With your draft looming and barely three weeks to go before the season opens, studying up on all of the open position battles is key to your draft prep. Obviously you want the best at every position, but since you know that’s a pipe dream, unless of course you’re in a league of idiots, you have to know where to tighten up your budget. But if you are following the spring action and know who is likely to win a job outright, perhaps you can come in with a late, sneaky pick and still manage a quality pick at a particular position. Here’s a look at some of the bigger position battles we’re seeing this spring. Some should be settled sooner than others while you might see one or two linger into the season. But here’s a look and my take…
Kansas City Royals 2nd Base
Just as it was last season, it’s between Johnny Giavotella and Chris Getz. On the whole, neither is a very exciting option, but there’s definite upside with Johnny G. He’s the youngster the coaches really want to see in there, but it’s just a matter of honing his skills in the majors. During his two call-ups last year, after hitting well above .300 while down in Triple-A, he failed miserably, leaving Getz the bulk of the work, but he could eventually prove to be a very serviceable player. He’s got enough of a bat to at least out-produce Getz has a good glove but almost no pop with the bat. He does have a little bit of speed though. Right now Giavotella is out-hitting Getz this spring and has been improving on defense. Whether it’s enough to take the job is yet to be seen and probably won’t be decided until the very end of spring.
San Diego Padres 2nd Base
You’d have to be a pretty aloof fantasy owner to have not heard the hype on Jedd Gyorko this spring. With Chase Headley firmly entrenched at third, Gyorko was moved over to second where he is competing with Logan Forsythe for the starting job. Right now, Gyorko is flashing some good pop with three home runs this spring, but he is hitting just .273 with a .314 on-base percentage. While that’s not eye-popping, it’s enough to out-hit Forsythe who has been struggling with a case of plantar fasciitis and receiving injections. Gyorko’s defense still needs some work, but he could be doing enough for now to hold the position. I’d make a move on him, especially if it’s a keeper league.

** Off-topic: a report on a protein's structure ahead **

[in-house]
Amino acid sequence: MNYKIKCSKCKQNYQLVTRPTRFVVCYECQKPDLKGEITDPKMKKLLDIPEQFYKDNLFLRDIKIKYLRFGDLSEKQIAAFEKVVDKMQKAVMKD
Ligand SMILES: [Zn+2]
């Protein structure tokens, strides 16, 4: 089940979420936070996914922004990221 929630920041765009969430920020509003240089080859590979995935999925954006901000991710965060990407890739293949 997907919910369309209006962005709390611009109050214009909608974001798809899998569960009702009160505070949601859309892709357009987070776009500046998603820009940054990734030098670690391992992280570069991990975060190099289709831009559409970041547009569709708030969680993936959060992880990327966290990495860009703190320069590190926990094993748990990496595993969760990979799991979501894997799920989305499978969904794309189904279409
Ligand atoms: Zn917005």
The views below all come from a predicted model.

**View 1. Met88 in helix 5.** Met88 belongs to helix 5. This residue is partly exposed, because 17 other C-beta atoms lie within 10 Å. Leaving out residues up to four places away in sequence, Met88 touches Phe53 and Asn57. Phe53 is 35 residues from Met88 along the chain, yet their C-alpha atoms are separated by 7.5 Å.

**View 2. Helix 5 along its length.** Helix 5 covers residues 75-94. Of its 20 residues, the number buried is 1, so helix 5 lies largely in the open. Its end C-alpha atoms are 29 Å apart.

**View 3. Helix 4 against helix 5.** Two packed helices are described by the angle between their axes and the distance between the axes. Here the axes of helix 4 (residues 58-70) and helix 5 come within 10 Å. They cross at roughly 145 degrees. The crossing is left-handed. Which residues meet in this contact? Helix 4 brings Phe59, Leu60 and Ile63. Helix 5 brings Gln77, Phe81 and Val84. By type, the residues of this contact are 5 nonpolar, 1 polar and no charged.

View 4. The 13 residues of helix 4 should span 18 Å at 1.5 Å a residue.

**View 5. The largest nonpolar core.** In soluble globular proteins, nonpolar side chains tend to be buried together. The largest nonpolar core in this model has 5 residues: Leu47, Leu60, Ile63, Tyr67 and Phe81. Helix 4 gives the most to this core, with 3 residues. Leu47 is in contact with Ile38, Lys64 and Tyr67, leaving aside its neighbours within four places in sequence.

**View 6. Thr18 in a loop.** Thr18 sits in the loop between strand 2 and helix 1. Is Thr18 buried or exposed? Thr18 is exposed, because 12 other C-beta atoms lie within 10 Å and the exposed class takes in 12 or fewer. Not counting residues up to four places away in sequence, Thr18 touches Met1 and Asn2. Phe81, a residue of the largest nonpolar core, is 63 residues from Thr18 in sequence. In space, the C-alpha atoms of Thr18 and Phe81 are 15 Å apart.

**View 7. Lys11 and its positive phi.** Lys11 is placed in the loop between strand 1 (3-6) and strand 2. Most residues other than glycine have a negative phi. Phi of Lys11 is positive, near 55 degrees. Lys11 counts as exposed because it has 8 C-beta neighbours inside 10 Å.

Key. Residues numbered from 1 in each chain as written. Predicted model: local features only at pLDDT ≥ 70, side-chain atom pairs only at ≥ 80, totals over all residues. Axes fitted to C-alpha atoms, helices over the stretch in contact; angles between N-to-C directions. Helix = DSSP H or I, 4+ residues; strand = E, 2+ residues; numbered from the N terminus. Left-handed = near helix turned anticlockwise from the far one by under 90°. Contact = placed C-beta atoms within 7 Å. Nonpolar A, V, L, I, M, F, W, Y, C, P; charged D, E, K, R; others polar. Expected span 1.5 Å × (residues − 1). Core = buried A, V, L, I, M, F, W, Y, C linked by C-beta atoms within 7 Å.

Atlanta Braves 3rd Base
When Chipper Jones retired and Martin Prado was traded, it looked as if Juan Francisco would get the call. However, in the Prado deal the Braves got back Chris Johnson who may not have the biggest bat, but he’s been relatively decent during his time spent in the majors. There’s been talk of a straight lefty/righty platoon, but given the career splits, albeit a small sample size, it seems that Johnson out-produces Francisco no matter which arm the guy on the hill is throwing with. Right now though, they are dead even at the plate. They both have a pair of home runs and while Johnson has the better average (.344 to .333), Francisco has the better on-base work (.355 to .333) in almost equal at-bats. Given the fact that neither is stepping ahead of the other, we could be looking at a full-season platoon.
Chicago Cubs Left Field
Nate Schierholtz was pretty jazzed when he landed with the Cubs, only because it seemed like he was finally going to get the chance to play regularly. And while that still may be true, the fact that the Cubs brought in Scott Hairston might throw a monkey wrench into the outfield configuration. There has been talk of a platoon, but while struggles against right-handed pitching has often been a criticism of Schierholtz, he does have some decent power against them and he also seems to hit them better than Hairston. With the possibility of Alfonso Soriano or David DeJesus or even both being traded this season, it may not matter in the long run, but for now, I’d say Schierholtz gets the bulk of the time.
Colorado Rockies 3rd Base
The battle between Jordan Pacheco and Chris Nelson might not be such a battle after all. The Rockies are looking at Nelson as being their guy based on the fact that his defense is superior to that of his competition. Pacheco has been raking this spring, batting .429 to Nelson’s .250, but that doesn’t seem to be enough to usurp the job. The Rockies seem to be resigned to defense over power right now and Nelson is their guy. Pacheco is working on his skills behind the plate as well as getting some work in at first base for when Todd Helton hits the retirement village (or has to attend traffic school), so he should still see some decent at-bats as a utility player.
Detroit Tigers Closer